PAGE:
No sport has anything approaching the lingering sartorial naffness that pervades golf. From most others, a degree of style can be salvaged: slithery polyester soccer kit can be worn under a bomber jacket, the chunky V-neck cricketer’s jumper atop jeans. But shifting knee-high Argyle socks and baggy plus fours into your everyday wardrobe has presented a significant challenge, with the short answer being don’t.
Golf style has long been derided as outmoded. It’s a look that has remained virtually unchanged since Jerry Leadbetter teed off in The Good Life in the mid-’70s, but has more recently been wedded in our minds with the slightly comedic sight of former US president Donald Trump trundling over the links at Mar-a-Lago, MAGA cap in hand.
Nevertheless, golf has an enduring popularity: one that’s been rising in recent times. Both the UK and US reported soaring numbers of games last year: rounds played were up by 12 per cent in the UK in 2020 according to Sports Marketing Surveys (and that in spite of Covid closures), with similar numbers being reported in the US.
Understandably, retailers are responding to this uptick: this month, MatchesFashion is launching a golf-gear category to capitalise on the new interest, as well as to provide kit to suit more fashion-minded sports. “After several seasons of growth in activewear, we have evolved to include discipline-specific ranges, including golf,” says Damien Paul, the retailer’s head of menswear. The buy includes technical jackets and trousers from specialist brands such as Castore Golf, Kjus and J.Lindeberg. “Bogner Golf incorporates innovative technology for maximum performance on the green – think UV-protected jackets and T-shirts with high necks,” adds Paul, “while the Ralph Lauren Golf collection has moisture-wicking polo shirts and luxurious wool sweaters.”
And from the fairways to the runways, designers have expressed a new affection for golf fashion, liberally laden with that heavy dose of irony that so much modern style demands. The latest round of men’s collections for spring/summer ’21 feature wry nods to golfing attire, old and new(ish), conscious or otherwise: Jun Takahashi’s Undercover proposes Argyles; Véronique Nichanian at Hermès offers a deluxe take on the slacks and polos of the modern golfer; and Kim Jones’s Dior collection includes wide-leg, vintage-style high-cut shorts in a pastel palette, and worn with sleeveless knits. And there are even soft berets, a Frenchified take on the traditional golfer’s floppy flat cap.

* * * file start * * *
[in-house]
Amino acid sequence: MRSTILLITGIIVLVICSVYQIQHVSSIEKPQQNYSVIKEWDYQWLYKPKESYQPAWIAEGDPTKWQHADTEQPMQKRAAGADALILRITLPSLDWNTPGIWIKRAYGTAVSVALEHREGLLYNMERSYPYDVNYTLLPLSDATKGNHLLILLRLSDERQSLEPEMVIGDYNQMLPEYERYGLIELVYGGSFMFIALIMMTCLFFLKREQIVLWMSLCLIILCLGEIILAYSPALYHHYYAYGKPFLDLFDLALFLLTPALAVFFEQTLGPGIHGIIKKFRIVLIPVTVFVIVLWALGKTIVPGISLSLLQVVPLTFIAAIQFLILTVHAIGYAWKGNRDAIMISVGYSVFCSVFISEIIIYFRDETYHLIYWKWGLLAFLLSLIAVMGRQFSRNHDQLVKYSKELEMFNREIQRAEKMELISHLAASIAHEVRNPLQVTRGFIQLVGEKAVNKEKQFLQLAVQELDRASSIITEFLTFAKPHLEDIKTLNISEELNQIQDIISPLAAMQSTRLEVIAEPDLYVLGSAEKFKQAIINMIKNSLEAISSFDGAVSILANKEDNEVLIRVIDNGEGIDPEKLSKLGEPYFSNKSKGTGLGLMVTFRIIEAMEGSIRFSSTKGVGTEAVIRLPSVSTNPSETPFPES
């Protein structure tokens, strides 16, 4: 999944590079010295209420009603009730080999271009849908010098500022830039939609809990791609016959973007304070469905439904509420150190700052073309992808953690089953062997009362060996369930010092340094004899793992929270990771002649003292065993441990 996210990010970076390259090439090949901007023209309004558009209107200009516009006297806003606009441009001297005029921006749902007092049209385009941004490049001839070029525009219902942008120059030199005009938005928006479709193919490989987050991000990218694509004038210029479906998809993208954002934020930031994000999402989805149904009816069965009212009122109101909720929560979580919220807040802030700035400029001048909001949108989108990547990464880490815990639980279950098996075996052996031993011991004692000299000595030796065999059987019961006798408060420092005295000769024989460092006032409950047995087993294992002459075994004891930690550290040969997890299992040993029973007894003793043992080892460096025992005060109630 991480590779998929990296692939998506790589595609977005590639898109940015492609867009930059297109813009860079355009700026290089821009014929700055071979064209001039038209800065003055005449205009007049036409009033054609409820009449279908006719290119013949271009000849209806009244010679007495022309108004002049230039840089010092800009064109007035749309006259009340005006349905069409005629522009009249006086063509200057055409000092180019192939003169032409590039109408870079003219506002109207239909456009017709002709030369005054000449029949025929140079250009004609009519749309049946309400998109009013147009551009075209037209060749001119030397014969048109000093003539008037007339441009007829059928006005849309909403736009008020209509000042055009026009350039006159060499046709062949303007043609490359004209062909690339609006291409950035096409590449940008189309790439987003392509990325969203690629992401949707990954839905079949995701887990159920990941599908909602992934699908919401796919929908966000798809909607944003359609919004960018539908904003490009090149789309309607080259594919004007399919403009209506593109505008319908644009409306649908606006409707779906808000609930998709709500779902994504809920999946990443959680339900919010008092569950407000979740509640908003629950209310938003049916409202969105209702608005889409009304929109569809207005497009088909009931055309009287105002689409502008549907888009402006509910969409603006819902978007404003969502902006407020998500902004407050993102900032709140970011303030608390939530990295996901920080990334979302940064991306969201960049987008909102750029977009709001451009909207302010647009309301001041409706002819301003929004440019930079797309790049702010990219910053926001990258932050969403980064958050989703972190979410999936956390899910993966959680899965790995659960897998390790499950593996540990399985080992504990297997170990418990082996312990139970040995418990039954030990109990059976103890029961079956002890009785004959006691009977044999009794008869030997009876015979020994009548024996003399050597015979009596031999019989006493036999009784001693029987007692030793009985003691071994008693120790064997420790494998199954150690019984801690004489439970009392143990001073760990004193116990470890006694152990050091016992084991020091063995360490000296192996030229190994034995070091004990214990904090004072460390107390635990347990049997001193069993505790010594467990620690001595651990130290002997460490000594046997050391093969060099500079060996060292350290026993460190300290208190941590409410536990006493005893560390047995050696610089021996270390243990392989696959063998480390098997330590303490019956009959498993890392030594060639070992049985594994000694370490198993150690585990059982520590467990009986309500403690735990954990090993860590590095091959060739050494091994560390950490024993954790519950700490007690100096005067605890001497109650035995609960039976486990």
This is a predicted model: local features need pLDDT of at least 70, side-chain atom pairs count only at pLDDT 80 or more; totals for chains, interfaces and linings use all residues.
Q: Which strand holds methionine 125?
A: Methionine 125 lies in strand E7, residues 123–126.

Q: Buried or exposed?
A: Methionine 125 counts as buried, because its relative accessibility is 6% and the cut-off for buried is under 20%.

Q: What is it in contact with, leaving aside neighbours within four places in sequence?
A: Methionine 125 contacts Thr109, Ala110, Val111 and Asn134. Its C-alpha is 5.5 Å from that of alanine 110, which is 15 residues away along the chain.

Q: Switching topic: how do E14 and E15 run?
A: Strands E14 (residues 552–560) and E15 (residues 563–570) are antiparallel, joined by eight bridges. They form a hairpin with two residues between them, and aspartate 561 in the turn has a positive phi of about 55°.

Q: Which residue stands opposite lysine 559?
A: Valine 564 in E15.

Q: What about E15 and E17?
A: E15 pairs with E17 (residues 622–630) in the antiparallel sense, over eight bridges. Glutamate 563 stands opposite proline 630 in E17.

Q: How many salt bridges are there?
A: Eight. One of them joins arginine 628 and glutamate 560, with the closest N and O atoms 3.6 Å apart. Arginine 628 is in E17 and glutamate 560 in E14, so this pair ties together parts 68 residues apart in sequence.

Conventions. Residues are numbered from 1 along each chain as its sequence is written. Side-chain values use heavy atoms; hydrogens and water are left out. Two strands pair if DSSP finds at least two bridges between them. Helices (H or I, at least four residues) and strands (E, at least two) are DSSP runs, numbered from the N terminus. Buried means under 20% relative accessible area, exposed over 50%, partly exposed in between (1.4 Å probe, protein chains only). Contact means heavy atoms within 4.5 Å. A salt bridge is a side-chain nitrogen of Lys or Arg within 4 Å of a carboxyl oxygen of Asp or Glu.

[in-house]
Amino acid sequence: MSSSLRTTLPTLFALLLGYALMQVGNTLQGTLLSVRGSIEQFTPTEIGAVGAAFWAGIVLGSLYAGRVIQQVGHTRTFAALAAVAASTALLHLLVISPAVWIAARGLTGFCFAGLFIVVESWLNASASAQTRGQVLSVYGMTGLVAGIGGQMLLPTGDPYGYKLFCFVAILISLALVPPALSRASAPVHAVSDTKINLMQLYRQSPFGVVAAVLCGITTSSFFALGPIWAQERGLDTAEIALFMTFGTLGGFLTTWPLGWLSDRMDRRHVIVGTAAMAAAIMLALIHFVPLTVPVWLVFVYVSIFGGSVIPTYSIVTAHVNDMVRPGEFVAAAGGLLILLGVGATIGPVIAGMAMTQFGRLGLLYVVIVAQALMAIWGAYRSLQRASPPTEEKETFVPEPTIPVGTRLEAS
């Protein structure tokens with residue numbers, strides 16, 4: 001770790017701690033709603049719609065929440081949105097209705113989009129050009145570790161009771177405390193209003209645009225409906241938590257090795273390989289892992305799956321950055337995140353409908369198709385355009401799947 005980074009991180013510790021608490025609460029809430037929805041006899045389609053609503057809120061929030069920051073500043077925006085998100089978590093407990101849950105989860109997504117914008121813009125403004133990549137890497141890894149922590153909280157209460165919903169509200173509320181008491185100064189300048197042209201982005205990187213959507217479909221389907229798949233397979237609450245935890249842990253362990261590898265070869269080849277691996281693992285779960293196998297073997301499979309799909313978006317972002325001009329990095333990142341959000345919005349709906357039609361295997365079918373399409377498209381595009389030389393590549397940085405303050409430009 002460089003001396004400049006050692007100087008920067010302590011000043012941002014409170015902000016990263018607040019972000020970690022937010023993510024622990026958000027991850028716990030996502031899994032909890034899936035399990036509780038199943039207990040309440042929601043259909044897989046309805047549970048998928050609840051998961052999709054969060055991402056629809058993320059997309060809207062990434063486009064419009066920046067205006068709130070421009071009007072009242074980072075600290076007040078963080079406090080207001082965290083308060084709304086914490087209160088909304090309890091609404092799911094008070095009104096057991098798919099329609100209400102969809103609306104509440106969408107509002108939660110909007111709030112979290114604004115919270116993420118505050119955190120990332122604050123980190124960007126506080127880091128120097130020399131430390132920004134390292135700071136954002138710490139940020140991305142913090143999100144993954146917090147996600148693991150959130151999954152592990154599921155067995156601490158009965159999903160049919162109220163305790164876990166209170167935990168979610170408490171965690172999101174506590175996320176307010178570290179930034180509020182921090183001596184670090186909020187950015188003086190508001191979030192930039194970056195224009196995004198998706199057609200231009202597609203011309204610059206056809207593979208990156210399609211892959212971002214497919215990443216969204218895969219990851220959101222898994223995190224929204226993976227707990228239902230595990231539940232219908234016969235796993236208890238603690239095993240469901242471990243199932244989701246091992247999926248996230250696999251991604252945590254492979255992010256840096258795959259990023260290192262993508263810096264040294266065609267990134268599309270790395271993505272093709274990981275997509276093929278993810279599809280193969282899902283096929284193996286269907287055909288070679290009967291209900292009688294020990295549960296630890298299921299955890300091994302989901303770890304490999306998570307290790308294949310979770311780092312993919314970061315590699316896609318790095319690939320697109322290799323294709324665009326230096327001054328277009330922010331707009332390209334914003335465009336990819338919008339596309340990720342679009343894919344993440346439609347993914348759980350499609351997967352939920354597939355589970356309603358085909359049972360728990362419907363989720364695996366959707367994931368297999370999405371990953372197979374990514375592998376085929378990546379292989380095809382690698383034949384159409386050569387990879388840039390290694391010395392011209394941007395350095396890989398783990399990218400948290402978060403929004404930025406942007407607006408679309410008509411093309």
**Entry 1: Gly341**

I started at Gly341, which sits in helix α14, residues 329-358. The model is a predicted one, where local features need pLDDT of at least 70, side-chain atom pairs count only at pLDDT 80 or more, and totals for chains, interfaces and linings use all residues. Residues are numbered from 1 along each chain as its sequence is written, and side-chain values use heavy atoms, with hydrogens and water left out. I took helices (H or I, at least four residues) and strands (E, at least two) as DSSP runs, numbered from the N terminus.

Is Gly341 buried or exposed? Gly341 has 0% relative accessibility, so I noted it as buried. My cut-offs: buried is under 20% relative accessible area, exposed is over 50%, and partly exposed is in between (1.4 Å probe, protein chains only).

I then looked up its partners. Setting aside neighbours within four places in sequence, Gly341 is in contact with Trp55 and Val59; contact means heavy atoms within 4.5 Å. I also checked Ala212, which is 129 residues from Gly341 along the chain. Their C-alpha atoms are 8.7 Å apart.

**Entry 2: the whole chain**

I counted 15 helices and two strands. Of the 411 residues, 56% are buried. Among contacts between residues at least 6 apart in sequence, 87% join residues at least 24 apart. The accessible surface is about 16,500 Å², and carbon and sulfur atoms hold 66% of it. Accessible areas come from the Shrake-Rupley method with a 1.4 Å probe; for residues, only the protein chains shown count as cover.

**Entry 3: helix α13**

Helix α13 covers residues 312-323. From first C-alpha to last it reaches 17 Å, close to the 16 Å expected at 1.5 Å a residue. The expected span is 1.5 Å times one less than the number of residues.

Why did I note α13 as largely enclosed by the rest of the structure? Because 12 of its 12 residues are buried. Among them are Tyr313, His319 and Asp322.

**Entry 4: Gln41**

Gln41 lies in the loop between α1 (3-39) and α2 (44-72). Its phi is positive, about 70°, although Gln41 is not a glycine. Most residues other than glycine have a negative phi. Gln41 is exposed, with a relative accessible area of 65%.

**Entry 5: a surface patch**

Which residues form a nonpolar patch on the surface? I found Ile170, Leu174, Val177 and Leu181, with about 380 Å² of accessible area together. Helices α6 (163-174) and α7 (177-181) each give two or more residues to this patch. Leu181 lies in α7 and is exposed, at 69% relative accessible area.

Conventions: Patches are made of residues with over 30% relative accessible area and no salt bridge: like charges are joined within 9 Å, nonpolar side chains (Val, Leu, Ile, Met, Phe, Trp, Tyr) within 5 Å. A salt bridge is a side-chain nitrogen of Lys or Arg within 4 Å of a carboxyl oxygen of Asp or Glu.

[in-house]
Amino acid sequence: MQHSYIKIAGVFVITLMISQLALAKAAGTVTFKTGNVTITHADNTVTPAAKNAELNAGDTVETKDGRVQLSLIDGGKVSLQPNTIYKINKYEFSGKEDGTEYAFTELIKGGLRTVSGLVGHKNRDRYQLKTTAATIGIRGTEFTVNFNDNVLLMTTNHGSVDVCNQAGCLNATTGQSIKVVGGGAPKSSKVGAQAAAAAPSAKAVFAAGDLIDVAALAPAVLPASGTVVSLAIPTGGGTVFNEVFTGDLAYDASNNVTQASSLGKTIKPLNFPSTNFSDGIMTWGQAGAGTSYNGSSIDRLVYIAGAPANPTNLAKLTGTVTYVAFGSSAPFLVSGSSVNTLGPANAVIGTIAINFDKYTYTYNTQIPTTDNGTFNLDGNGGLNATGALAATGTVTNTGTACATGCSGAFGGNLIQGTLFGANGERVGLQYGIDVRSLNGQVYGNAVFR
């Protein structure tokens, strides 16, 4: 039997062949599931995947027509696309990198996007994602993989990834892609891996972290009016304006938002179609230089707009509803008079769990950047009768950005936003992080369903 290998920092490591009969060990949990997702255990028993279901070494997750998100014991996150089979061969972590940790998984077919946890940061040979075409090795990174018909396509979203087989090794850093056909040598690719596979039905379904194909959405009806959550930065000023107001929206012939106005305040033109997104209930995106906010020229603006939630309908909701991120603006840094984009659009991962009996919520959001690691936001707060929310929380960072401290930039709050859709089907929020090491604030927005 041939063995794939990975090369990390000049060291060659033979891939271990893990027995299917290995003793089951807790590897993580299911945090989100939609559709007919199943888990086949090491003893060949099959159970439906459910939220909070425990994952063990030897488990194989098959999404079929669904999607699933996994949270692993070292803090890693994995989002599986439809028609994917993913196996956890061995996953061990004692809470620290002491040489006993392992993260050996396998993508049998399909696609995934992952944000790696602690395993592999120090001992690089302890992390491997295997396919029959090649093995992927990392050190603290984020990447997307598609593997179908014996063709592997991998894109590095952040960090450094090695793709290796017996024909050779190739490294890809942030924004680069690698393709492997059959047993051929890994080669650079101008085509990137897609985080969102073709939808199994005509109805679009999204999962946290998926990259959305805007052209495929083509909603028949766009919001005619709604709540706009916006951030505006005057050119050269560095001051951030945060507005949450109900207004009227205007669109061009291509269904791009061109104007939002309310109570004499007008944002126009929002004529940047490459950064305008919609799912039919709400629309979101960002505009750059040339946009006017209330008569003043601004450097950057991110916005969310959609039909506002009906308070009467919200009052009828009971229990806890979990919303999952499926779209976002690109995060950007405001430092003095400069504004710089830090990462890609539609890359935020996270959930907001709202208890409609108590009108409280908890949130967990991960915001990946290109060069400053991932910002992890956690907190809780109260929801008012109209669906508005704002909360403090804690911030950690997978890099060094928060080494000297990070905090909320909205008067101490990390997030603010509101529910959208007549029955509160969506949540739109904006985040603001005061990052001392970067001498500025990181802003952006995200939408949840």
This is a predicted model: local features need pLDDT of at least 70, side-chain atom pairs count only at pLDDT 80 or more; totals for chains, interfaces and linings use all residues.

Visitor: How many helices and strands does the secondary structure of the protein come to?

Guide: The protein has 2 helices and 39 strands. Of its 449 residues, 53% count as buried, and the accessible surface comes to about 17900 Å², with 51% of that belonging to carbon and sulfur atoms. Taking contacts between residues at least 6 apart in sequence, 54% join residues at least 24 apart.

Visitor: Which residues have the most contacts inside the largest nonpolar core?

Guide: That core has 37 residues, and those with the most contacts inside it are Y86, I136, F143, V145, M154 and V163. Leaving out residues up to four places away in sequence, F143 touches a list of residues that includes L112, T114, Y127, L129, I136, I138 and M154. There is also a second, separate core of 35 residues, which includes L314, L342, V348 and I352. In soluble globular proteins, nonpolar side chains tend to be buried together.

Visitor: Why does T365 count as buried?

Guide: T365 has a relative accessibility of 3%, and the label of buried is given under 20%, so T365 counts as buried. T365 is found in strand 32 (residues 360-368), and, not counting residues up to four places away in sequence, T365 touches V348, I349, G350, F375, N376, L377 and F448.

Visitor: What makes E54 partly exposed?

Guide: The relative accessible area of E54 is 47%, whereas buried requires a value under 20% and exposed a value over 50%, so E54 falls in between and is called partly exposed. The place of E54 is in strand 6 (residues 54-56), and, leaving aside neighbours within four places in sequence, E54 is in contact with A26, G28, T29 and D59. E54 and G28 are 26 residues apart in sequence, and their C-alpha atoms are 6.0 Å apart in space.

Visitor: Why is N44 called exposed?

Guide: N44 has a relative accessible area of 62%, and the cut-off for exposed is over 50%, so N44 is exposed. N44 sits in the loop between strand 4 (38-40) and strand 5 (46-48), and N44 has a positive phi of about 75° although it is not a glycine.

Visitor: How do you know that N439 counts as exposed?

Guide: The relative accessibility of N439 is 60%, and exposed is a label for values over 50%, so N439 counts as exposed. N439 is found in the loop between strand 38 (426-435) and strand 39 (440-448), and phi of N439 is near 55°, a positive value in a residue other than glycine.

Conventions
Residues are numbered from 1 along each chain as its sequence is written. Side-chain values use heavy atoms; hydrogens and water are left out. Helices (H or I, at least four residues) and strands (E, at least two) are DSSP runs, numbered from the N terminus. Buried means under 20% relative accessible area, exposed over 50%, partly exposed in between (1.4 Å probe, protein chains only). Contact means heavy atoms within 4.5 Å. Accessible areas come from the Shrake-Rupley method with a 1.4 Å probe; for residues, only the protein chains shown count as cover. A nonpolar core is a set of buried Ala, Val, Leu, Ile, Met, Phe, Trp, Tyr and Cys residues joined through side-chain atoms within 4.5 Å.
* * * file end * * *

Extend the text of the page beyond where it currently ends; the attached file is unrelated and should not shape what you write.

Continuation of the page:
Many of those references, like so much in fashion, can be traced back to Miuccia Prada. In 2011, on a carpet of blindingly bright green Astroturf, Prada paraded a collection inspired by midcentury golf style, with cartoonish prints, pastel colours and models toting crystal-embellished Prada tour bags. Miuccia Prada hates golf, but said she wanted an excuse to make something eccentric for men. “By chance I saw a book of golfers,” she comments. “And they were insane!”
Those idiosyncratic looks have influenced others: the rapper-producer Tyler, The Creator sells striped cardigans, pastel utility vests and socks with emblems under his Golf Wang line. “That’s my least favourite sport, to be honest,” Tyler told Billboard – he just likes the word. Pharrell Williams has also adopted the golfing look, but he is an actual fan: his golf bag is custom-made by Hermès, and he once remarked that “golf is where sport and fashion come together”.
Historically, it did. In the early years of the 20th century, golf was seen as dynamic and modern, an arena in which men could propose fashion-forward looks that wound up influencing the world. In the 1920s, Edward, Prince of Wales – the future Duke of Windsor – was a trendsetter whose golfing trews were so exaggeratedly baggy that Diana Cooper dubbed them his “plus twenties”. Wearing them with bright Argyle socks and Fair Isle sweaters, he fashioned a new casual uniform for men that combined sport and leisure. As the diplomat Nicholas Lawford commented: “He was quite loud in the way he mixed his checks, but he represented style to his generation.” He also influenced the world of fashion: in 1924, Gabrielle Chanel designed costumes for the Ballet Russes’ debut performance of Le Train Bleu based on sportswear. The costume of the Polish dancer Leon Woizikowski was based on Edward’s instantly recognisable golfing attire – the high-performance sportswear of its day.
Today, it’s easy to gesture towards golf in your wardrobe: perhaps inspired by Tyler and Pharrell, younger generations are incorporating signature golf styles like cropped trousers, high-tugged socks and a sickly-pastel palette. But they carry the imprimatur cool of hip-hop rather than the patina of retirement-age golf holidays. Plus fours – or, indeed, plus twenties – may be a harder sell.
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